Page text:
Synthesis and characterisation of hollow silica microparticles for targeted delivery systems
The aim of this work is to fabricate hard porous micro-particles based on silica (SiO2) to
create bodies of so-called chemical robots. Porous SiO2 shells or micro-skeletons are
ubiquitous in nature – in particular in marine microorganisms (diatoms). It is envisaged that a
chemical robot will be a simple fully synthetic “unicellular organism”, with main attributes
similar to those of living organisms, such as the ability to move in its environment, exchange
matter with its surroundings or accumulate or excrete reaction products, except reproduction
and evolution. The size range of the micro-particle entities will be in order of 10-100 μm.
There are several methods how these particles can be prepared such as precipitation of silica
around a template. This method was used for creating porous micro-particles in this work.
The procedure based on the Stöber method was used for preparing hollow silica microparticles.
The hollow core was obtained by a sol – gel process of tetraethyl orthosilicate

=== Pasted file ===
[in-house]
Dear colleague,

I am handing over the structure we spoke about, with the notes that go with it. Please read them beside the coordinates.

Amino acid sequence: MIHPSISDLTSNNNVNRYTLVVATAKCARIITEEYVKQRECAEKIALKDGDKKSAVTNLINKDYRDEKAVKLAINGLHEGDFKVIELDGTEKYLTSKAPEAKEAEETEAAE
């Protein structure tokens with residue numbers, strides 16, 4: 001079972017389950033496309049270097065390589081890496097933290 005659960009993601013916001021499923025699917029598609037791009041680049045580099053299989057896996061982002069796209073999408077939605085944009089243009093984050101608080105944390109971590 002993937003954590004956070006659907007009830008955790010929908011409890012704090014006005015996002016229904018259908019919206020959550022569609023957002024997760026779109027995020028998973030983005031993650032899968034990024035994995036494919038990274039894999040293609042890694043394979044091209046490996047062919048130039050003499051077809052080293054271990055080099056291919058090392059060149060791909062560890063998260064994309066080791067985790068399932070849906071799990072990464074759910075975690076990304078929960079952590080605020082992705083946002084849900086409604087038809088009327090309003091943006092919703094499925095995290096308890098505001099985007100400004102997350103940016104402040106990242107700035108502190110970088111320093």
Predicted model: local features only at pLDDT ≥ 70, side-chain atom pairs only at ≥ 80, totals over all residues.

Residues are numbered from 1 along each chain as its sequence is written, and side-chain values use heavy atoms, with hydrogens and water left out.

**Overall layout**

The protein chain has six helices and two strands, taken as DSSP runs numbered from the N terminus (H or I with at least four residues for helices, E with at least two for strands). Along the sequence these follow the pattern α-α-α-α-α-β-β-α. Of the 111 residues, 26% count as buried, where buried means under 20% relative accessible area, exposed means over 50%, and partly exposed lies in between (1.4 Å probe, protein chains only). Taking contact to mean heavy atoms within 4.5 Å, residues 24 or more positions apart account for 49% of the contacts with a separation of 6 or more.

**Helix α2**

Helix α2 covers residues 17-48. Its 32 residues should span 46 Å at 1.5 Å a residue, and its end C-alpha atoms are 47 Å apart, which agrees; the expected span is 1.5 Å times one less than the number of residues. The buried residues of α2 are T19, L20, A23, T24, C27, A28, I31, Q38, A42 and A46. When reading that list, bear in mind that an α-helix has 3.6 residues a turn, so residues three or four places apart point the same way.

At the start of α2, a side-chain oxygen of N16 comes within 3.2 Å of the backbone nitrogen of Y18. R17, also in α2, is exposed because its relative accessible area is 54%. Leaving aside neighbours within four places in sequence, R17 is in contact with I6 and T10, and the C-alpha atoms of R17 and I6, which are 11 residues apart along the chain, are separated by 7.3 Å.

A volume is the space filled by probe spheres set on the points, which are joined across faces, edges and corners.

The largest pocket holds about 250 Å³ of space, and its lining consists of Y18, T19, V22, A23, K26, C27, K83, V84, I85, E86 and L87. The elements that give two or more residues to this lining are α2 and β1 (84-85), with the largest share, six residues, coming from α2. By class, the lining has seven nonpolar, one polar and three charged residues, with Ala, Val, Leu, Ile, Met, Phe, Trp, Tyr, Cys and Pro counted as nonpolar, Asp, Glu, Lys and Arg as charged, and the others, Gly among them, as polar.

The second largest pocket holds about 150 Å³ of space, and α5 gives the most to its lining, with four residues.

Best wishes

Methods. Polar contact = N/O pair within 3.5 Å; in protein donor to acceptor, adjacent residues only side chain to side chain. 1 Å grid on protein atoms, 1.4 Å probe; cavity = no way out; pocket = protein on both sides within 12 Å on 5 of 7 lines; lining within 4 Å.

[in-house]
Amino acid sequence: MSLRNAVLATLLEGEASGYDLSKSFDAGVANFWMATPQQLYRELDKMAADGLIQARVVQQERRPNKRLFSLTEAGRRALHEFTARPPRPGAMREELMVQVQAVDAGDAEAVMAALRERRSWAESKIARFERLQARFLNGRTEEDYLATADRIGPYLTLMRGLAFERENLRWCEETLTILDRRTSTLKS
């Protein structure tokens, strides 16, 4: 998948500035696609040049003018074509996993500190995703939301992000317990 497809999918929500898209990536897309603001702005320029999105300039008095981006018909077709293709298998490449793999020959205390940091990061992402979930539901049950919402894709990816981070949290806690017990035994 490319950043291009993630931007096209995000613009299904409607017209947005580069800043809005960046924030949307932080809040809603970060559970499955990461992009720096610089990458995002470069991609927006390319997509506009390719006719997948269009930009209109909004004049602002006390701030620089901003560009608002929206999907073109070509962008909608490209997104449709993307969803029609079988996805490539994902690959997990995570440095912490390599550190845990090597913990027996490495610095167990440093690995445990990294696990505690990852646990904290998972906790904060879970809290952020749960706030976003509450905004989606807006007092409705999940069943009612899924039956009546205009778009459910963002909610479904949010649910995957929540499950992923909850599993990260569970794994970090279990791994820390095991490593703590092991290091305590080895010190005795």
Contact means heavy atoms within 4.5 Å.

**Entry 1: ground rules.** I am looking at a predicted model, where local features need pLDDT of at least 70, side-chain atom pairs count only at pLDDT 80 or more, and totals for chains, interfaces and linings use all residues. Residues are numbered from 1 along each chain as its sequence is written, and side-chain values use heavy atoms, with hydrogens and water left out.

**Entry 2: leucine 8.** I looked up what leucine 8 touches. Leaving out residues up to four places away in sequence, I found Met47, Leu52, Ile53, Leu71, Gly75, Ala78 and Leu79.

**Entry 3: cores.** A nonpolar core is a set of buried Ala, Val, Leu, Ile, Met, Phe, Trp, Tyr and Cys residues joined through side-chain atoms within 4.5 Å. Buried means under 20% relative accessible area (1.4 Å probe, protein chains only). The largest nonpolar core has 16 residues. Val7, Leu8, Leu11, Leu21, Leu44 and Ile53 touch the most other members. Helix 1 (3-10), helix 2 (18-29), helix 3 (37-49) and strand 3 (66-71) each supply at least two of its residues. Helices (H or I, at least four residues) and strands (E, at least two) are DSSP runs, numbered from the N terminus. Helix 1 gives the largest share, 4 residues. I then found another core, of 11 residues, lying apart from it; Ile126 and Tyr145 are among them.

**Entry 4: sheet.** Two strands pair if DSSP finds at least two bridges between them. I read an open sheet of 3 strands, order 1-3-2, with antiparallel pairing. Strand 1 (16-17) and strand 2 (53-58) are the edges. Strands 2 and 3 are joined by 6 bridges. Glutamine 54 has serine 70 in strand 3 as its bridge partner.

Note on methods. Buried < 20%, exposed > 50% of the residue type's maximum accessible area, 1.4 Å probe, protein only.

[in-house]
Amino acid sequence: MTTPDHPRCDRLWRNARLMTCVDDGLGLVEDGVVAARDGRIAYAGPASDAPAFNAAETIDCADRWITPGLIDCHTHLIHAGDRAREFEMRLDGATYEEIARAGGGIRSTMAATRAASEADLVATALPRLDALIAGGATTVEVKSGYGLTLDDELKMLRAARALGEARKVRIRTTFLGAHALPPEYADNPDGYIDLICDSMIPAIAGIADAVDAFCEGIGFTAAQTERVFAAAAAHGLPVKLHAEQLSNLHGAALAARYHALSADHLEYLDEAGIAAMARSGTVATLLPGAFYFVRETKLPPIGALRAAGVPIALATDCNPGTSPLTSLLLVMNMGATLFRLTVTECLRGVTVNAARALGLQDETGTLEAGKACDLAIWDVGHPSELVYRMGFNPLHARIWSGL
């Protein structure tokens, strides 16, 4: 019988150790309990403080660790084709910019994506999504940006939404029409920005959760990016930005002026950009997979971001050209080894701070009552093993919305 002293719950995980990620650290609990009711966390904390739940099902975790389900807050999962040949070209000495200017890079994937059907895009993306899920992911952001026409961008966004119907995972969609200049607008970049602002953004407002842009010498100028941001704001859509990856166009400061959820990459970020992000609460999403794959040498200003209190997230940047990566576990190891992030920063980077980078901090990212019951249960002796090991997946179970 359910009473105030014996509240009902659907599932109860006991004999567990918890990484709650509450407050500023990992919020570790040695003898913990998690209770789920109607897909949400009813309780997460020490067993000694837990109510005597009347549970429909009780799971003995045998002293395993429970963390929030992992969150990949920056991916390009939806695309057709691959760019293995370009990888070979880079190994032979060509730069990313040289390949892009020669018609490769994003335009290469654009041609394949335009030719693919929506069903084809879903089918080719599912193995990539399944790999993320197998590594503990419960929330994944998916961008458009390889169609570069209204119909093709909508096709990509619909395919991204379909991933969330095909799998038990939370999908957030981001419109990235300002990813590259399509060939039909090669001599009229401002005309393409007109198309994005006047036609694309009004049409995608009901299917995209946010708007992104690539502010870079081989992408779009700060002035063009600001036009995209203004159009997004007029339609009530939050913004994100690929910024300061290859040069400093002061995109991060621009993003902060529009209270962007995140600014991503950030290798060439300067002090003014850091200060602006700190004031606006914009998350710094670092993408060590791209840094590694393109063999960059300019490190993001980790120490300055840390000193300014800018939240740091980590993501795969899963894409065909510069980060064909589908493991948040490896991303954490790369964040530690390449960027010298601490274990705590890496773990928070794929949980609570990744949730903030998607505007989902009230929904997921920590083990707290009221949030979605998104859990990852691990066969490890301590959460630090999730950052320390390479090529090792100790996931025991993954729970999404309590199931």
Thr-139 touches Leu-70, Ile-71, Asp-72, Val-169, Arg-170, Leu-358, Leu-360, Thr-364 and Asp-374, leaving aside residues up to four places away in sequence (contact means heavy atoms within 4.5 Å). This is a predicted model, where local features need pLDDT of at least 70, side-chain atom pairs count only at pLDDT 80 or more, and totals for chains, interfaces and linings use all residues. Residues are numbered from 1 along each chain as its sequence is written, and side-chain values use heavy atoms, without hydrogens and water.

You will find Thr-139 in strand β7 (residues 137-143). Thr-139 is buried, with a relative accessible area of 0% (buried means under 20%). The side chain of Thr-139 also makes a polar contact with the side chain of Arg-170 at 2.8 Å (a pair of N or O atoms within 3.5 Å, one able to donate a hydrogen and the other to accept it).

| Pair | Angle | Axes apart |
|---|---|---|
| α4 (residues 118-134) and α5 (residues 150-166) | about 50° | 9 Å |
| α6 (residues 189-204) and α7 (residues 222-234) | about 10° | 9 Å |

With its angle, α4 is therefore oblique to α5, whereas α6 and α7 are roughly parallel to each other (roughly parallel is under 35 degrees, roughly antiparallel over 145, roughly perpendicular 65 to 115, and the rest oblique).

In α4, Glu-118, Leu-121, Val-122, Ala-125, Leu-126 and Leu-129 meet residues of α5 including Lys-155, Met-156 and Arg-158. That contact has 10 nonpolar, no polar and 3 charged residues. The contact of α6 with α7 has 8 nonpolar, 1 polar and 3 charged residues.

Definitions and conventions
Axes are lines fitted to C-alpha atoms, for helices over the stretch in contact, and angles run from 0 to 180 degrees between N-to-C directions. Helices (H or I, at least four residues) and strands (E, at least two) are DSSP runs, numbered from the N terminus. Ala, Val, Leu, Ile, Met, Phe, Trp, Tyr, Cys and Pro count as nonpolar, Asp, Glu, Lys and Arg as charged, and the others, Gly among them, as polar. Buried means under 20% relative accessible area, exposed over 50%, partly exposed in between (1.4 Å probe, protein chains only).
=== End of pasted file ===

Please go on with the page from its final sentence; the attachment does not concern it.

(TEOS) in non-ionic W/O emulsion containing kerosene, sorbitan monooleate (Span80) and
water. The second way was to use liquid template (droplets of octylamine) which was
subsequently removed to create hollow core. The experimental conditions affecting the microparticles
properties (size, thickness, permeability) were investigated in order to precisely
control characteristics of the chemical robot’s body. We will show that particle size can be
systematically varied in the range of 10 – 100 μm. The particle size distribution was measured
by the laser scattering method and the microstructure of the porous particles was visualized by
scanning electron microscopy (SEM) and confocal microscopy. The permeability of the silica
shell was characterized indirectly by measuring the uptake/release kinetics of a model
substance (methylene blue) using UV/VIS spectrophotometry. The porosity of silica shell was
characterized by BET analysis and the density of silica shell was measured by the helium